Crossroads

The soaring birth rates and living results of the post-war ‘baby boom’ are reaching maturity and affecting university enrollments across Canada. Suddenly, UBC sees an unprecedented flurry of undergraduate registrations that predictably results in the administration scrambling to ensure facilities and staffing are able to support student numbers.

The increased demand for higher education equals a need for more faculty — yet ‘home grown’ qualified PhDs are hard to find in Canada. As a result, recruitment from the United States, Britain and Europe grows, creating a more diverse faculty who influence curriculum and teaching.

In 1960, students, staff and faculty pay only 25 cents an imperial gallon for gas, the equivalent of 5.5 cents a litre, and a mere $13,105 for an average Vancouver single-family home. UBC’s local community is, as a result, largely an academic one as many faculty purchase and live in the nearby Endowment Lands. With increasing student numbers, however, there are more students coming from outside Vancouver, and UBC begins to invest in on-campus infrastructure and student housing. Despite this, the issue of overcrowding persists. The options are limited: either cap enrollments or embrace the expansion of facilities, equipment and programs.

UBC chooses the latter, focusing on research-related initiatives: expanding the Library and Health Sciences buildings, creating the Faculty of Dentistry, the Department of Asian Studies and the schools of Librarianship and Rehabilitation Sciences and purchasing a new refrigerator-size IBM 7040 for the Computing Centre. 


In 1960, students, staff and faculty pay only 25 cents an imperial gallon for gas, the equivalent of 5.5 cents a litre, and a mere $13,105 for an average Vancouver single-family home.

In 1962, Dr. John B. MacDonald becomes UBC’s fourth president. Faced with a swelling undergraduate population and overcrowded classrooms, MacDonald looks beyond the campus, seeking to distribute education to communities through a college system based in rural communities across BC. The subsequent MacDonald Report proposes a comprehensive plan for higher education in BC and recommends the creation of additional provincial universities and two-year junior colleges for technical and vocational training.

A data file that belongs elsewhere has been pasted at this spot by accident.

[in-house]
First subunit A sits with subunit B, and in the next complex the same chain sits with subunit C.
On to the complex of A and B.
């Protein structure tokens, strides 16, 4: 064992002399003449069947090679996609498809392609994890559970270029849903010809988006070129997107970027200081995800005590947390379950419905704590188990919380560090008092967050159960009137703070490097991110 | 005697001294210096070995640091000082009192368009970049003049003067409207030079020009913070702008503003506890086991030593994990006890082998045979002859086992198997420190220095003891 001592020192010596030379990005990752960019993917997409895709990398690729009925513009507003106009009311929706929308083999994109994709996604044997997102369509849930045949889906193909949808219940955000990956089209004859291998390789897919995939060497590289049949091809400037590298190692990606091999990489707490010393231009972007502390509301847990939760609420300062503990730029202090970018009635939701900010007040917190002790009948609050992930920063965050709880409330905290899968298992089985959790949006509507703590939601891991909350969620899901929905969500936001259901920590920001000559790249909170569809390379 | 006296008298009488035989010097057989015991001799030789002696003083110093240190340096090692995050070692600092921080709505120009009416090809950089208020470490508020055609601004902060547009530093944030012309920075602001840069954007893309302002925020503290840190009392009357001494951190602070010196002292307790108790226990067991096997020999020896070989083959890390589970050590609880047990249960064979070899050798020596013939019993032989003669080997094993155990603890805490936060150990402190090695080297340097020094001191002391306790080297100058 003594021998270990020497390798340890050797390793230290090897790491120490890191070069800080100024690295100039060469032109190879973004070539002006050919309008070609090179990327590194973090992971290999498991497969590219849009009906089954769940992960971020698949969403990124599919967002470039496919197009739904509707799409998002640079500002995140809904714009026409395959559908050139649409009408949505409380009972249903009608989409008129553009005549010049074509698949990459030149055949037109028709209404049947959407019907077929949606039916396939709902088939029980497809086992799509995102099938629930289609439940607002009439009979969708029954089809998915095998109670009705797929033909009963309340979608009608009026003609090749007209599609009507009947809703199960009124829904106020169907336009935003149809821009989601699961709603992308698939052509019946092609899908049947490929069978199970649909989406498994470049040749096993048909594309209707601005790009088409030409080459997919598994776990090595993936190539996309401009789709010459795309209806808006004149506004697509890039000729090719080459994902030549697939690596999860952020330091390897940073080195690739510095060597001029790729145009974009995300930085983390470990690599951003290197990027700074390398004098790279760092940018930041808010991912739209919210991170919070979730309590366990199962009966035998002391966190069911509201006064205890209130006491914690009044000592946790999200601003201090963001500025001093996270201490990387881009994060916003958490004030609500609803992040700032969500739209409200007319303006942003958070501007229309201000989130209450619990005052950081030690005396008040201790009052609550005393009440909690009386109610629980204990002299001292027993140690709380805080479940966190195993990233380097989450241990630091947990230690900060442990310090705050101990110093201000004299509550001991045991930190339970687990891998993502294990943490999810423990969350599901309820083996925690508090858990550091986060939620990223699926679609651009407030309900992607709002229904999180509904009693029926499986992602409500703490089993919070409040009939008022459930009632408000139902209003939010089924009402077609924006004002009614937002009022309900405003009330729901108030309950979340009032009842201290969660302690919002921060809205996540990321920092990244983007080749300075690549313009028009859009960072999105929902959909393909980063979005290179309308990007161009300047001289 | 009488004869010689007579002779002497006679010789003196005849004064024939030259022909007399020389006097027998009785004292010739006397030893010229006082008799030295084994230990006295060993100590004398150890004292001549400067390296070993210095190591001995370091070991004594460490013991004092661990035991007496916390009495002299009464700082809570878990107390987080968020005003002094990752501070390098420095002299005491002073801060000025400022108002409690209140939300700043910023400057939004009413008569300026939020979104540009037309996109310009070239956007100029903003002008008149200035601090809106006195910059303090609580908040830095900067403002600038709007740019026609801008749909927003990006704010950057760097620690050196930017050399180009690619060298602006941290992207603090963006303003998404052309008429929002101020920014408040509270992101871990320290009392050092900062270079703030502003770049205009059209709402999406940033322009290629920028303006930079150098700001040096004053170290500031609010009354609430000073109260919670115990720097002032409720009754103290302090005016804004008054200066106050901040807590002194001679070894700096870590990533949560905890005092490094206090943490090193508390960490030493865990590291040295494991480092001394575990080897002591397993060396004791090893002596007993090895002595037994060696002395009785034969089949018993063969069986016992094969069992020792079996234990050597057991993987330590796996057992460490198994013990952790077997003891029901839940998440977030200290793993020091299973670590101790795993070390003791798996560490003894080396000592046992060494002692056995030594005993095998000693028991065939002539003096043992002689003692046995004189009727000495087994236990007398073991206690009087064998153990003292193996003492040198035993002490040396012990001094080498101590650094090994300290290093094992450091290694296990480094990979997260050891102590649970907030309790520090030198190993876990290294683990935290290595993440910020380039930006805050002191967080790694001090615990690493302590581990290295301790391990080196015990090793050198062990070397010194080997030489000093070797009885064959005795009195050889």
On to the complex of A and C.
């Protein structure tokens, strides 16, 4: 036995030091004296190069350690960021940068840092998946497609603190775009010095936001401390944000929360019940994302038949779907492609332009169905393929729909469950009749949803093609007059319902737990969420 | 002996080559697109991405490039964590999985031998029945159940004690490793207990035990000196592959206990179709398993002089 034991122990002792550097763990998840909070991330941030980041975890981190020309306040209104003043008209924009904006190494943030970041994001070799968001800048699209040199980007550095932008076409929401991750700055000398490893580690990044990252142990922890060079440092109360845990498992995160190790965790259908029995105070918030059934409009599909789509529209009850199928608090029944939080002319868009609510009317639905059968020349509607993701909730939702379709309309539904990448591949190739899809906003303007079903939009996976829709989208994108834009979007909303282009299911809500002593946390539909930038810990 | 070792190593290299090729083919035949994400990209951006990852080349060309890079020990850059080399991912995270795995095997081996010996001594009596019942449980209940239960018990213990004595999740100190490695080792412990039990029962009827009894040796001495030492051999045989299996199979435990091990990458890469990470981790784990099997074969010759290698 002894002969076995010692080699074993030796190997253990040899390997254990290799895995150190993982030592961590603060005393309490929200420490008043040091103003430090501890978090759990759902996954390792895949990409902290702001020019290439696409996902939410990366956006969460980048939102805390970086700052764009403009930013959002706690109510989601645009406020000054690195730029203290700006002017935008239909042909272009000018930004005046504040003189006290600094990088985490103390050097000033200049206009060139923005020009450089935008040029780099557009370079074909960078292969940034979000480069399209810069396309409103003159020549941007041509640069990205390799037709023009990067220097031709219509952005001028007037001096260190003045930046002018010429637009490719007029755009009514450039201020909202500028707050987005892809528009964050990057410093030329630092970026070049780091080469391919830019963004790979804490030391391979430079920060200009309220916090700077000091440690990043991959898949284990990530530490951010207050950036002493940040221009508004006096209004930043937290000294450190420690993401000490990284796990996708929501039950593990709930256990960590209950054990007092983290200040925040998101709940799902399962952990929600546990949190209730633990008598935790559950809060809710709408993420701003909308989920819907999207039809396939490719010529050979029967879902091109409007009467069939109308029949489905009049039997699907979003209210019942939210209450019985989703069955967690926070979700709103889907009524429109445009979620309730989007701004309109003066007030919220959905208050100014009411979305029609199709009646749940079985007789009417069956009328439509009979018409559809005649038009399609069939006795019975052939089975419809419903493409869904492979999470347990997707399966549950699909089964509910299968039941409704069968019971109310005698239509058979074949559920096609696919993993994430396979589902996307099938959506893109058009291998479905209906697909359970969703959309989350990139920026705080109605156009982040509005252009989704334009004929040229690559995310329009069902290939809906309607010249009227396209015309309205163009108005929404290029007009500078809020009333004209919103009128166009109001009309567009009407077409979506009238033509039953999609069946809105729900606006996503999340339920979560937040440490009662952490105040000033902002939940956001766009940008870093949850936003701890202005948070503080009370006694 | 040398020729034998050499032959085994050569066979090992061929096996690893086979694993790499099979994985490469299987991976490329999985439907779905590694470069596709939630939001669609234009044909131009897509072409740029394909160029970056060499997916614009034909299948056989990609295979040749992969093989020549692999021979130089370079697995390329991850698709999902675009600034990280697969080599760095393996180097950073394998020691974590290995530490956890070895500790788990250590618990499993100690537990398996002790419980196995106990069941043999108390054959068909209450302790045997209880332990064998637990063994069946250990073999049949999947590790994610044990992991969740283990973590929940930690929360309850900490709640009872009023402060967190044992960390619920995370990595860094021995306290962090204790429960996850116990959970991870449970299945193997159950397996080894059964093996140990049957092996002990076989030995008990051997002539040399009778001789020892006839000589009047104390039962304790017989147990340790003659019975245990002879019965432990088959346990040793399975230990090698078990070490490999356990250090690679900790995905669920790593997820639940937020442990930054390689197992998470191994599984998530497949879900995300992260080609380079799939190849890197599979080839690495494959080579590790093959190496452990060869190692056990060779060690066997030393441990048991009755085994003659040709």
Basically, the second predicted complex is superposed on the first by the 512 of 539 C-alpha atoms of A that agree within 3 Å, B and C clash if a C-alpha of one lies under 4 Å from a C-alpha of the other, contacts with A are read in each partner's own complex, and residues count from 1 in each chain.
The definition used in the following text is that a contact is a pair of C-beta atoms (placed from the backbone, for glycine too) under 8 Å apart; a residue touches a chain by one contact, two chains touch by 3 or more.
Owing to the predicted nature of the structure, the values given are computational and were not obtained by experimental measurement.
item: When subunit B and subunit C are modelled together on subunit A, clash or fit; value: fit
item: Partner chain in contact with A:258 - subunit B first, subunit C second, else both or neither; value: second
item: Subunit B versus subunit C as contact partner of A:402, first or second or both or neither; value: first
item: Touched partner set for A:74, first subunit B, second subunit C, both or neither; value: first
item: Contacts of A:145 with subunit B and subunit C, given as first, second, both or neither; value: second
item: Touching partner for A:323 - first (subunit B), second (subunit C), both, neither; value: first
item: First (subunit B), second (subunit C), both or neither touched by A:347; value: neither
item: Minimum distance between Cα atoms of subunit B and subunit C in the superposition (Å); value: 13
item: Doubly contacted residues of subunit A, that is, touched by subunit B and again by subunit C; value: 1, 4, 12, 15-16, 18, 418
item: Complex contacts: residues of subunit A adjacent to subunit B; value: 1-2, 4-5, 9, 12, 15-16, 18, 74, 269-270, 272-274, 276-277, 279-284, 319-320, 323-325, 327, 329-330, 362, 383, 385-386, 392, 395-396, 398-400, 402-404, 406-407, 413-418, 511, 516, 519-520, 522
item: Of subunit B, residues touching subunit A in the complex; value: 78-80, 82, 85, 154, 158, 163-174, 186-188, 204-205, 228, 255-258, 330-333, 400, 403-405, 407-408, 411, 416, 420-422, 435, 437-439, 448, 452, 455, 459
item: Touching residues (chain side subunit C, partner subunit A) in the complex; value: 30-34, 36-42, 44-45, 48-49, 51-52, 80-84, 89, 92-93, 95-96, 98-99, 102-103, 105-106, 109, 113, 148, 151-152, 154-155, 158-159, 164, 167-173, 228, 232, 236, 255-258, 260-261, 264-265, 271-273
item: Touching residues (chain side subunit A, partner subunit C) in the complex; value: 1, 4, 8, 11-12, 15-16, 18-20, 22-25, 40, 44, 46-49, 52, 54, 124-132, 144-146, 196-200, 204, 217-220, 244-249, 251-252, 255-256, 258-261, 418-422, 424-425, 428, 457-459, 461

However, budget shortages and lack of government support prevents the execution of the report’s recommendations. In keeping with the student-led ‘Great Trek’ protest of 1922, UBC students once again ‘take to the streets’ — only now it’s province-wide. With the endorsement of the Faculty Association and Alumni Association, 500 students fan out across the province, gathering public support and signatures, distributing ‘I Back Mac’ buttons and posters, and looking to protect their own futures and the future of higher education in BC.

Mounting public pressure shifts the Social Credit government enough that it amends the University Act, allowing Victoria College to become the University of Victoria and creating the British Columbia Institute of Technology (BCIT). As well, rather than being a four-year college as suggested by the MacDonald Report, Simon Fraser University (SFU) opens as a full-fledged university; UBC donates books and staff time to help this newest BC university get its own library established.

Meanwhile, UBC is a hive of research activity as plans for the TRI-University Meson Facility (TRIUMF) are led by UBC physicists Drs. John B, Warren and Erich W. Vogt (returning to UBC after a nine-year stint at the Chalk River Laboratories in Ontario) and J. Reginald “Reg” Richardson from UCLA. Simon Fraser University, University of Victoria and UBC jointly develop the site in the south end of UBC’s campus. TRIUMF’s massive new cyclotron is the largest of its kind in the world and positions UBC as a global academic contender in the field of nuclear physics.